The December holiday season is ideally a time of joy, peace, and deep connection with family and friends. Most of us look forward to reviving cherished traditions, and enjoy showing love, affection, and appreciation during a festival that has its roots in spiritual rebirth. On the other hand, this is also the darkest time of year. For many people
the holidays are fraught with stress and unmet longings. Old grudges are recalled; old dreams that were dashed come back to haunt again. Making matters worse, frantic pursuit of the perfect gifts for one's spouse, kids, pals, and parents can put even the jolliest of us into what I call "primitive survival" mode, liable to snap at sidewalk Santas and sneer at the umpteenth letter asking for a charitable contribution.
More than just a time for giving, the holidays can be a time for forgiving. Here are some ways you might apply this philosophy to situations that crop up in your practice around this time of year.
Q: "My grandson never visits me" is the perpetual complaint of a client of mine, a widow in her early 80s. She just found out that he and his wife are planning to stay with his other set of grandparents over the holidays to show off their new baby. My client is so disappointed and angry that she is threatening to dissolve the trust fund she set up for the young man years ago, which is currently paying for his graduate school. I fear this will cause a rift in the family that, given her age, might never heal. How can I talk her off this ledge before it's too late?
A: As you suggest in your question, I believe the solution lies in talking with her. At the beginning, it's going to involve patient, empathetic listening as you encourage her to explain how the repeated slights of her beloved grandson have angered and wounded her. Once she feels you have heard her and her intensity level has dropped down a notch, you can ask her more questions about his situation. Why might he have chosen to visit the other grandparents this year? Is one of them in poor health, which would motivate the grandson to visit sooner rather than later? Or if the couple has been alternating visits between sets of grandparents, is it just their turn?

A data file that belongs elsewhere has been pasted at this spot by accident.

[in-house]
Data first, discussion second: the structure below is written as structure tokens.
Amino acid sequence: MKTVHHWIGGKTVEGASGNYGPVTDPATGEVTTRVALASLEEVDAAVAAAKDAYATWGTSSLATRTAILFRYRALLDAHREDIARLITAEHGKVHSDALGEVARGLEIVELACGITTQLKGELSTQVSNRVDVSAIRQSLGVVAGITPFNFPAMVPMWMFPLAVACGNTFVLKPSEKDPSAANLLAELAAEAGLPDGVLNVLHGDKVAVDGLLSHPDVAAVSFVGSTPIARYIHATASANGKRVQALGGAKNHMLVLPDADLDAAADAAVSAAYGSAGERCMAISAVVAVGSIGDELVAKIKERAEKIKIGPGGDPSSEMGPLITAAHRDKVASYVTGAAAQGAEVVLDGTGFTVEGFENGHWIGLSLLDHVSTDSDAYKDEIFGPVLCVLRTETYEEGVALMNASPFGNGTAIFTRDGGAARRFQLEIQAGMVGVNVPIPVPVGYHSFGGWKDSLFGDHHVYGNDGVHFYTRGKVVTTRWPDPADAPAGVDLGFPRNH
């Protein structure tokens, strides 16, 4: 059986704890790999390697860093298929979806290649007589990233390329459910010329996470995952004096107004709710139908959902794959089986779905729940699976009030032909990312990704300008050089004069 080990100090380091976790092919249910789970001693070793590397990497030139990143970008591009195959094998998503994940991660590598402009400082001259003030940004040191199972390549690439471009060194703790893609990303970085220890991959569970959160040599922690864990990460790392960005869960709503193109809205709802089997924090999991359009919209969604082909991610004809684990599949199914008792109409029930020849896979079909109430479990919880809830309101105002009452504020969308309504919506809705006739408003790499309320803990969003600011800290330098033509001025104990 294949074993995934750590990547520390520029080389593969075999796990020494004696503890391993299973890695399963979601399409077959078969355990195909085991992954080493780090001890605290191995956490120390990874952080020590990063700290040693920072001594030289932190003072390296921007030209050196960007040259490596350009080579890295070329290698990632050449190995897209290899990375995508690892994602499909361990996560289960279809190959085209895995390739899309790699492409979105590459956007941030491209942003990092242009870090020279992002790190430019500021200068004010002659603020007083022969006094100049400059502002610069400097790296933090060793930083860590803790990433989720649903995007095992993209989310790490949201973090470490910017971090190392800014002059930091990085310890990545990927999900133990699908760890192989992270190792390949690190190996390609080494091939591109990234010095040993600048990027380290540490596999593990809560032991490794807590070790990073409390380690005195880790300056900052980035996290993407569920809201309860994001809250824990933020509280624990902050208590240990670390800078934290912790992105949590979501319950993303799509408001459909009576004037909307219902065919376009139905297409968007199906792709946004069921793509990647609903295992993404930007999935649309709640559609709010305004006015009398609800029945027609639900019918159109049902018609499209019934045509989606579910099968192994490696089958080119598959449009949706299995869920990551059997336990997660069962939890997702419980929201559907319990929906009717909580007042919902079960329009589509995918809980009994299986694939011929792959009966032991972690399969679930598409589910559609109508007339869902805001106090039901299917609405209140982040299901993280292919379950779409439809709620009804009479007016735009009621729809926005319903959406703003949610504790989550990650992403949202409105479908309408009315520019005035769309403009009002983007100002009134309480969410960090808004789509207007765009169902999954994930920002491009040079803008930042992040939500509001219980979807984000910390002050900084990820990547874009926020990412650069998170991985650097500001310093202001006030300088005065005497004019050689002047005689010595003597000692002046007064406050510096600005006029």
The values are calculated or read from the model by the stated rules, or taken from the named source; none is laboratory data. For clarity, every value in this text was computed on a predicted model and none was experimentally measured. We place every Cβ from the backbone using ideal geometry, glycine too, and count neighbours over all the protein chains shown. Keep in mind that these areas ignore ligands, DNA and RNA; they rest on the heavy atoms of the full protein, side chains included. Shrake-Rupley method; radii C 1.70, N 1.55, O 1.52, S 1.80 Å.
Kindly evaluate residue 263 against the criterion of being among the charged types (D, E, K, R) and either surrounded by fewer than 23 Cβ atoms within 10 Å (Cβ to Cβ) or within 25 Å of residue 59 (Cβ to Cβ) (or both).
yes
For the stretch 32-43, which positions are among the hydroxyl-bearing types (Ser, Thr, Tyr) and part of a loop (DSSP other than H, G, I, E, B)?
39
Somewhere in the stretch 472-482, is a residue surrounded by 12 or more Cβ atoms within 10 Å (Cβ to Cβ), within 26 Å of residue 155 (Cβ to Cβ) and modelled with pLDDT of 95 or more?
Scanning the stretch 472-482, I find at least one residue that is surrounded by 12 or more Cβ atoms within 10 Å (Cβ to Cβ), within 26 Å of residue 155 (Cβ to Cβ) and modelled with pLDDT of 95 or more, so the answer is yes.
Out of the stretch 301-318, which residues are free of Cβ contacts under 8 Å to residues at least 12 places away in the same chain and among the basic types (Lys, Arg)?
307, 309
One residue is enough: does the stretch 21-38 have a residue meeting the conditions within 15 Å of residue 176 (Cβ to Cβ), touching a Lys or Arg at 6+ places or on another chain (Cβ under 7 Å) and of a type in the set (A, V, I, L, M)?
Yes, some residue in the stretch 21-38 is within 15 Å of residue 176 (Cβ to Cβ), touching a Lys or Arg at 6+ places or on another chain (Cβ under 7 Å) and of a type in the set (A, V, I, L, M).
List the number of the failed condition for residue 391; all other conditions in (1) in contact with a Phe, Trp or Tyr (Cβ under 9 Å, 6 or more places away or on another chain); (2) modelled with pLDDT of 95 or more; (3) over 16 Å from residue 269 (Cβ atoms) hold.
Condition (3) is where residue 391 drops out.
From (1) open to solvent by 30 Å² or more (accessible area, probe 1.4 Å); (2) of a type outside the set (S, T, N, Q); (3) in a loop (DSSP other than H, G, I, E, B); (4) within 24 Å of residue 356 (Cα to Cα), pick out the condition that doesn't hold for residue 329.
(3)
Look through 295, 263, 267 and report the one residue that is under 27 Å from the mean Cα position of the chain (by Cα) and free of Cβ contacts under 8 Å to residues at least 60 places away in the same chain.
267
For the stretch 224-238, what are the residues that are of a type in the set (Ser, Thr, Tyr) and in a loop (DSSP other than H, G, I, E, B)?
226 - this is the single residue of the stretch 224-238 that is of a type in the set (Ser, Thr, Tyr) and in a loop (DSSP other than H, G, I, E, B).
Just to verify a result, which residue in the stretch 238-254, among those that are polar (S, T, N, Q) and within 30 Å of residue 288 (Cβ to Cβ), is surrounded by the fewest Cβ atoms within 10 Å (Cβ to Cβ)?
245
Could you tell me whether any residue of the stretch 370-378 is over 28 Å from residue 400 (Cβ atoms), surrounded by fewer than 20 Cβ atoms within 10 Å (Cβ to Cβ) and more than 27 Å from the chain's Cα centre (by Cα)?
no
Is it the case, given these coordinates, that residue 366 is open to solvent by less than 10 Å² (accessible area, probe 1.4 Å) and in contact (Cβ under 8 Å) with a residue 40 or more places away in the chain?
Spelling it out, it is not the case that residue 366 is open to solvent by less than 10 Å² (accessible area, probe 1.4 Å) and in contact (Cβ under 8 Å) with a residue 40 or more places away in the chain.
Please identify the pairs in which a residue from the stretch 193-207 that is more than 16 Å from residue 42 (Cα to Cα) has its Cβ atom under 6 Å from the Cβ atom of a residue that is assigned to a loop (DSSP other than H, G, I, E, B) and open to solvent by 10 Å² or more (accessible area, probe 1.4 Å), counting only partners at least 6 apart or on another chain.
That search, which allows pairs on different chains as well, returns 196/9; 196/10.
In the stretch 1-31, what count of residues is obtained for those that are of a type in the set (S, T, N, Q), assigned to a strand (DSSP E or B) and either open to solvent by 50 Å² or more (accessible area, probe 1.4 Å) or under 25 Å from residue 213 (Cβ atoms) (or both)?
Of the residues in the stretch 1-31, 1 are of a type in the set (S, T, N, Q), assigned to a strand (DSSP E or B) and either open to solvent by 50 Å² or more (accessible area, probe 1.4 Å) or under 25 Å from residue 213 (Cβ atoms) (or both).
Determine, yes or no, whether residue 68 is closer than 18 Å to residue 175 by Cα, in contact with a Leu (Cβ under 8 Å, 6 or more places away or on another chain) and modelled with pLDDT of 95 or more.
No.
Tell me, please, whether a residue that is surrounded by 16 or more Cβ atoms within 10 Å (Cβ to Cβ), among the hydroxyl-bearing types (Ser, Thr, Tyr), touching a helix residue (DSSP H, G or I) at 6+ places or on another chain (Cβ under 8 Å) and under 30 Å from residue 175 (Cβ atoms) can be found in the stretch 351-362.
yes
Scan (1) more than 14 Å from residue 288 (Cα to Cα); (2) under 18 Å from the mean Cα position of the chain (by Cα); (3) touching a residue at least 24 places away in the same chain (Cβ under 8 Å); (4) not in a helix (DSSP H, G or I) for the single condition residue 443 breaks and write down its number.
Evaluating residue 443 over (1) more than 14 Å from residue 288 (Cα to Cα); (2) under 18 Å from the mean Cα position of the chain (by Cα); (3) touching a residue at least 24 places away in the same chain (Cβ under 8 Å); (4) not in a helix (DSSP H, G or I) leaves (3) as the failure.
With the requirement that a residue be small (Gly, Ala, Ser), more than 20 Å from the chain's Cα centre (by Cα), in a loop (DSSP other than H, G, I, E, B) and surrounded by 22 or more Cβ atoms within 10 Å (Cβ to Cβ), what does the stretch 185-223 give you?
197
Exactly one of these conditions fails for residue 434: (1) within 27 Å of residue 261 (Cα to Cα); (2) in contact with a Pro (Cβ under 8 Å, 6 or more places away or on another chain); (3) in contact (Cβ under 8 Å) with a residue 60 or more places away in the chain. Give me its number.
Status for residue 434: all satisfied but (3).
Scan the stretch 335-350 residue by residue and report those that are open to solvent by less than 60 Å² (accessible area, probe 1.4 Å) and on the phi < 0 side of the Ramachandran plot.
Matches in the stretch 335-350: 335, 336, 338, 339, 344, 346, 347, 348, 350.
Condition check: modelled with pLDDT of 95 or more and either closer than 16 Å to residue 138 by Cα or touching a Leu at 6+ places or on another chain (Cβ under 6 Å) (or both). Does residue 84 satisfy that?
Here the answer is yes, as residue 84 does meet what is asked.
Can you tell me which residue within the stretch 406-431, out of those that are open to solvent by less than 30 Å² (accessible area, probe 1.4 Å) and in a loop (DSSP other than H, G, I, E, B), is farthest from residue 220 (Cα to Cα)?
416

If this line of questioning doesn't help her understand her grandson's dilemma and soften her position, take a step back and ask her about the emotional legacy she would like to leave. What values and messages does she want to pass on to her grandson and future generations? Is one of them the importance of family? Love? And, hopefully, forgiveness?
Once your client has given some careful thought to this question, she may be more open to your recommendation that she avoid a decision motivated by anger, hurt, or spite. Long after she is gone, her grandson would remember that she cursed him by withdrawing her affection and support. Not only might this create a financial hardship for the young family, especially if he is compelled to give up his work toward a graduate degree, but it risks leaving an emotional scar for the rest of his life.
Encourage your client to open her heart, listen to her better nature, and try to understand and forgive her grandson. Later, when the time is right, she can tell him how disappointed she was not to see him, his wife, and the new baby over the holidays. If she does this in a vulnerable, non-blaming way, I anticipate that she will eventually get what she wants: more contact with him and his family.
Q: My clients are in the midst of a fight that is straining their 26-year marriage. The wife wants to start the new year by quitting her job, which she has disliked for some time, so she can go to Guatemala and help develop local craft-based businesses. At this point in her life she wants to give back to others, and feels it would be a way to truly live her values. The husband, an attorney, can't forgive her willingness to give up her income, since he believes his own job is not secure. They are in fairly good financial shape, with both their children out of college. Is there a way to resolve this impasse?
A: I know a couple in a similar situation, only reversed: the wife, a therapist, is staying put in her hometown while her husband pursues his dream of improving village life in Central America. They seem to be working it out well, but this kind of situation would be a difficult emotional challenge for a couple who don't have a strong relationship.
My first question, therefore, would be about the degree of closeness, connection, and communication in this marriage. If the relationship is rocky, you might suggest counseling or therapy to help the couple get through this major life transition. It may be easier to get them to agree to this by telling them about a husband and wife who resolved similar challenges with therapeutic help. If you have already connected with a good couples therapist, this professional can probably provide you stories from her or his own experience.
Even if the couple doesn't need or want separate counseling, you might consider having a mental health professional join you (with the clients' permission, of course) when you meet with them individually. I think this is justified in many instances by the fact that this Third Age of life necessitates more careful, compassionate communication and sharing of goals and values.
After empathizing with the husband's fears, I would try to help him understand the degree of financial security that the couple does have. I'd also probe tactfully to see if he's afraid of losing his connection to his wife if she leaves to pursue her dream. Should this be the case, the two of you might brainstorm ways to keep the relationship solid in spite of the distance. Meeting with the wife, you can support her desire to make an impact on the world, while helping her appreciate her husband's worry about ending up with inadequate income. Does she have any concern that the two of them may grow apart if she goes to Guatemala?